By Carlos Harrison

Whether it’s conquistadors or the conga, artists, athletes or astronauts, Florida’s Hispanic connections reach long and deep.

Here’s a quick list of some of the Sunshine State’s Hispanic cultural all-stars, both past and present, and where you can get up close and personal with them:

Juan Ponce de Leon statue in St. Augustine

Juan Ponce de Leon was Florida’s first and, arguably, most famous Hispanic influencer. This statue of him stands in St. Augustine.

- Chris Joy for VISIT FLORIDA

Juan Ponce de Leon

Florida’s first and, arguably, most famous Hispanic influencer — if for no other reason than, well, he was the first. And, probably just as important, he’s the guy who gave the state its name.

Popular legend has it that Ponce de Leon sailed north from Puerto Rico looking for the fabled Fountain of Youth in 1513. Spoiler alert: He didn’t find it. But he did find a place filled with flowery vegetation which he named, appropriately, La Florida, the flowery place.

Clever, huh?

Where, exactly, he first set foot on this “new” land is a history mystery. But we do know it was somewhere between present-day Cape Canaveral and the mouth of the St. John’s River.

And while Ponce de Leon may not have found the fountain he was looking for, you can, in St. Augustine, at the Fountain of Youth Archeological Park. The water at the Spring House there may not make you any younger, but the exhibits will let you journey through time to the days when Ponce de Leon arrived, and after. There’s a replica of a native Timucuan village, a Spanish mission, a blacksmith’s exhibit, and, naturally, a memorial to Ponce de Leon’s landing.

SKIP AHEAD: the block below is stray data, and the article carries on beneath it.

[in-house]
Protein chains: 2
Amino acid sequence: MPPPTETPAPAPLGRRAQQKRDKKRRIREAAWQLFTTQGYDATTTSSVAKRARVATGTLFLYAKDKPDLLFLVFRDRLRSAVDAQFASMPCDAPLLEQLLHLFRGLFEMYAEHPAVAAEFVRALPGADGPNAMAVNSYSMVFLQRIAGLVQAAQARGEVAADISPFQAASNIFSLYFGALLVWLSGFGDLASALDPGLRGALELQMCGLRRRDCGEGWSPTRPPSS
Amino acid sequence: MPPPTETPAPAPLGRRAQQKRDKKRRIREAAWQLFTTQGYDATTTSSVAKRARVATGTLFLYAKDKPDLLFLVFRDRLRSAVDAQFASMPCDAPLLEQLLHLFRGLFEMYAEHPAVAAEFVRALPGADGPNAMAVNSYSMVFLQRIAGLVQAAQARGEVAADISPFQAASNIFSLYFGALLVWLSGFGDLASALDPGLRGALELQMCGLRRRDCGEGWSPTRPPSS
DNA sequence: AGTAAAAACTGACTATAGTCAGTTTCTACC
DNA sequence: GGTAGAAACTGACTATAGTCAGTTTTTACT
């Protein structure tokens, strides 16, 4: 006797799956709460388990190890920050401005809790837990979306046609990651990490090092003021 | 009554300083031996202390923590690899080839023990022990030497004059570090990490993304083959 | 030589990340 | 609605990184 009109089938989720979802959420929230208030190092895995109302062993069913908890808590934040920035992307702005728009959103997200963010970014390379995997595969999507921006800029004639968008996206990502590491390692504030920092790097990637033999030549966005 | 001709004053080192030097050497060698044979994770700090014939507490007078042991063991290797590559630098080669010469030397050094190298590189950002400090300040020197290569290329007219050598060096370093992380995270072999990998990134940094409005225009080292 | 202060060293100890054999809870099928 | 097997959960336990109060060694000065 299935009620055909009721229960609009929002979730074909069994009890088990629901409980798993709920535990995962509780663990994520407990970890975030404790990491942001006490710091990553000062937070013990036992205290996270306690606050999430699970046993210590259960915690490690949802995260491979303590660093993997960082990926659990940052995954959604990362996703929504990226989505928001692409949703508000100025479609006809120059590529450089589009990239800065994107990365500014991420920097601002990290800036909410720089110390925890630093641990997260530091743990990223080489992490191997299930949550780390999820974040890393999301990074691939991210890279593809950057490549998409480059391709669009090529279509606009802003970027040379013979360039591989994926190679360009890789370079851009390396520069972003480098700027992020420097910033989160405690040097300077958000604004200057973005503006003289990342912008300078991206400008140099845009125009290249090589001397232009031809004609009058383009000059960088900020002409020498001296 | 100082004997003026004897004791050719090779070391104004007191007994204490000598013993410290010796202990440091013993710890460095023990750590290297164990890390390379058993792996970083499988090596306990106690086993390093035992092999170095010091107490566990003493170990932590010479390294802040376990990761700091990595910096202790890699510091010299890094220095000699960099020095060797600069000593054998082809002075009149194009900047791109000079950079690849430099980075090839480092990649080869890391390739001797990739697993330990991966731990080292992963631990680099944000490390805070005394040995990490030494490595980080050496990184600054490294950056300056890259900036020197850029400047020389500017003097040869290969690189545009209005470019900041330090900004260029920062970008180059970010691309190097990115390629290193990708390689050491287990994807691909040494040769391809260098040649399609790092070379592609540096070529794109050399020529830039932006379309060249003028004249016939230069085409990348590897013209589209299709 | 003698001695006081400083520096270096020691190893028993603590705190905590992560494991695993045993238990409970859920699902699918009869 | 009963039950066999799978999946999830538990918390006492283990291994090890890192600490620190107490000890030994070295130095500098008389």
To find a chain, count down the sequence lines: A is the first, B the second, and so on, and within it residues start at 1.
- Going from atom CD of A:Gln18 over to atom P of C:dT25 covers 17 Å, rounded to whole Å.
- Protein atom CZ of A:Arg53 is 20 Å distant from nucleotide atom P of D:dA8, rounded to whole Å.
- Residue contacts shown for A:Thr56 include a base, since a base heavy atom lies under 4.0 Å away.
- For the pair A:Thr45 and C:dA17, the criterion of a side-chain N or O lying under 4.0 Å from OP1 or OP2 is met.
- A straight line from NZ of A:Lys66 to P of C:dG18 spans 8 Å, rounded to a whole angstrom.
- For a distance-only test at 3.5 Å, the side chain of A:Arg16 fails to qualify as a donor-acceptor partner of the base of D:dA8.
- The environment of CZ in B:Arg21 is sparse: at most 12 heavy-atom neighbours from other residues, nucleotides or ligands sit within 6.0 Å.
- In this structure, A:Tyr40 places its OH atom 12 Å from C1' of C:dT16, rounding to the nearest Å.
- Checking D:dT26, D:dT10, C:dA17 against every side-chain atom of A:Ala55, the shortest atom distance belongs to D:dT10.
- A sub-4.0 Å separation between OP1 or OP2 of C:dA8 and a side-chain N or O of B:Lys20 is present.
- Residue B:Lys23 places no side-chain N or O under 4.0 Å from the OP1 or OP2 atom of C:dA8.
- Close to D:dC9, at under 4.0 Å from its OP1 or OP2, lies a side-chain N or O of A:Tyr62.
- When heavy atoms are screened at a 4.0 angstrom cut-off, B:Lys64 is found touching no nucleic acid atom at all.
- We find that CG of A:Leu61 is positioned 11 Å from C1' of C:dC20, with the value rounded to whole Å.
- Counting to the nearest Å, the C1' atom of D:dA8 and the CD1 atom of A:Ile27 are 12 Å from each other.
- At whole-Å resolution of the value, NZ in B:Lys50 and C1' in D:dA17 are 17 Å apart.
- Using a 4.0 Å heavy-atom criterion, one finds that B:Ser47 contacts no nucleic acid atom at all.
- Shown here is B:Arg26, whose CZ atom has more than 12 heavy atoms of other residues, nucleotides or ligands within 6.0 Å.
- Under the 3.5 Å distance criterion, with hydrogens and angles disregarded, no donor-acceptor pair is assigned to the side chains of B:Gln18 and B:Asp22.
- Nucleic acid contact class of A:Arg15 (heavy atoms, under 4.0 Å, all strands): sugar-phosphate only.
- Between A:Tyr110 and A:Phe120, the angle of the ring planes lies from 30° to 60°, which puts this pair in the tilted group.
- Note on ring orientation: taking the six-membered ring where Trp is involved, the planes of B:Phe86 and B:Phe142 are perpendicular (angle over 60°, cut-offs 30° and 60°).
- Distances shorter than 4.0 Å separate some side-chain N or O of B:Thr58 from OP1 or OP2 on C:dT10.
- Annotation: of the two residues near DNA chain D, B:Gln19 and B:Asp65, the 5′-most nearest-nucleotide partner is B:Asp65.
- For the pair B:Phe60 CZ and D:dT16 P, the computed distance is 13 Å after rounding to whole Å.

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Ellen Ochoa

A few miles and a few centuries from there you’ll find the place where the first Hispanic woman astronaut left Florida — and the planet — aboard the Space Shuttle Discovery.

Ochoa served as a mission specialist on the nine-day flight, which lifted off from Cape Canaveral in April of 1993, almost exactly 480 years to the day after Ponce de Leon first spotted the place. She went up, up, and away three more times after that, logging a total of nearly 1,000 hours in space. (That’s like a month-and-a-half spent circling the planet in outer space. I did the math.)

She went on to become the first Hispanic director of the Johnson Space Center in Houston. And, in 2017, she became the first Hispanic woman inducted into the U.S. Astronaut Hall of Fame at the Kennedy Space Center. That’s where you can see a tribute to her and the rest of the Hall of Famers. There’s lots of other cool space program stuff to see there, too — like the Rocket Garden, mission control, the actual Space Shuttle Atlantis (Fun fact: Ochoa flew on that one, too. Twice.), an Apollo spacecraft, the inside of the Vehicle Assembly Building, and a real-life launchpad.

When you get there, impress your friends or family with this tidbit of trivia: She’s also a classical flautist who played with the Stanford Symphony Orchestra.

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Fulgencio Batista

Once upon a time, Cuba’s last pre-Castro president called Florida home. Not after Fidel came to power, actually. Before. The president who famously fled the Caribbean island on New Year’s Day, 1959, lived in Daytona Beach. Batista called the beachfront community home from 1945, after his first presidency, until 1948, when he returned to Cuba.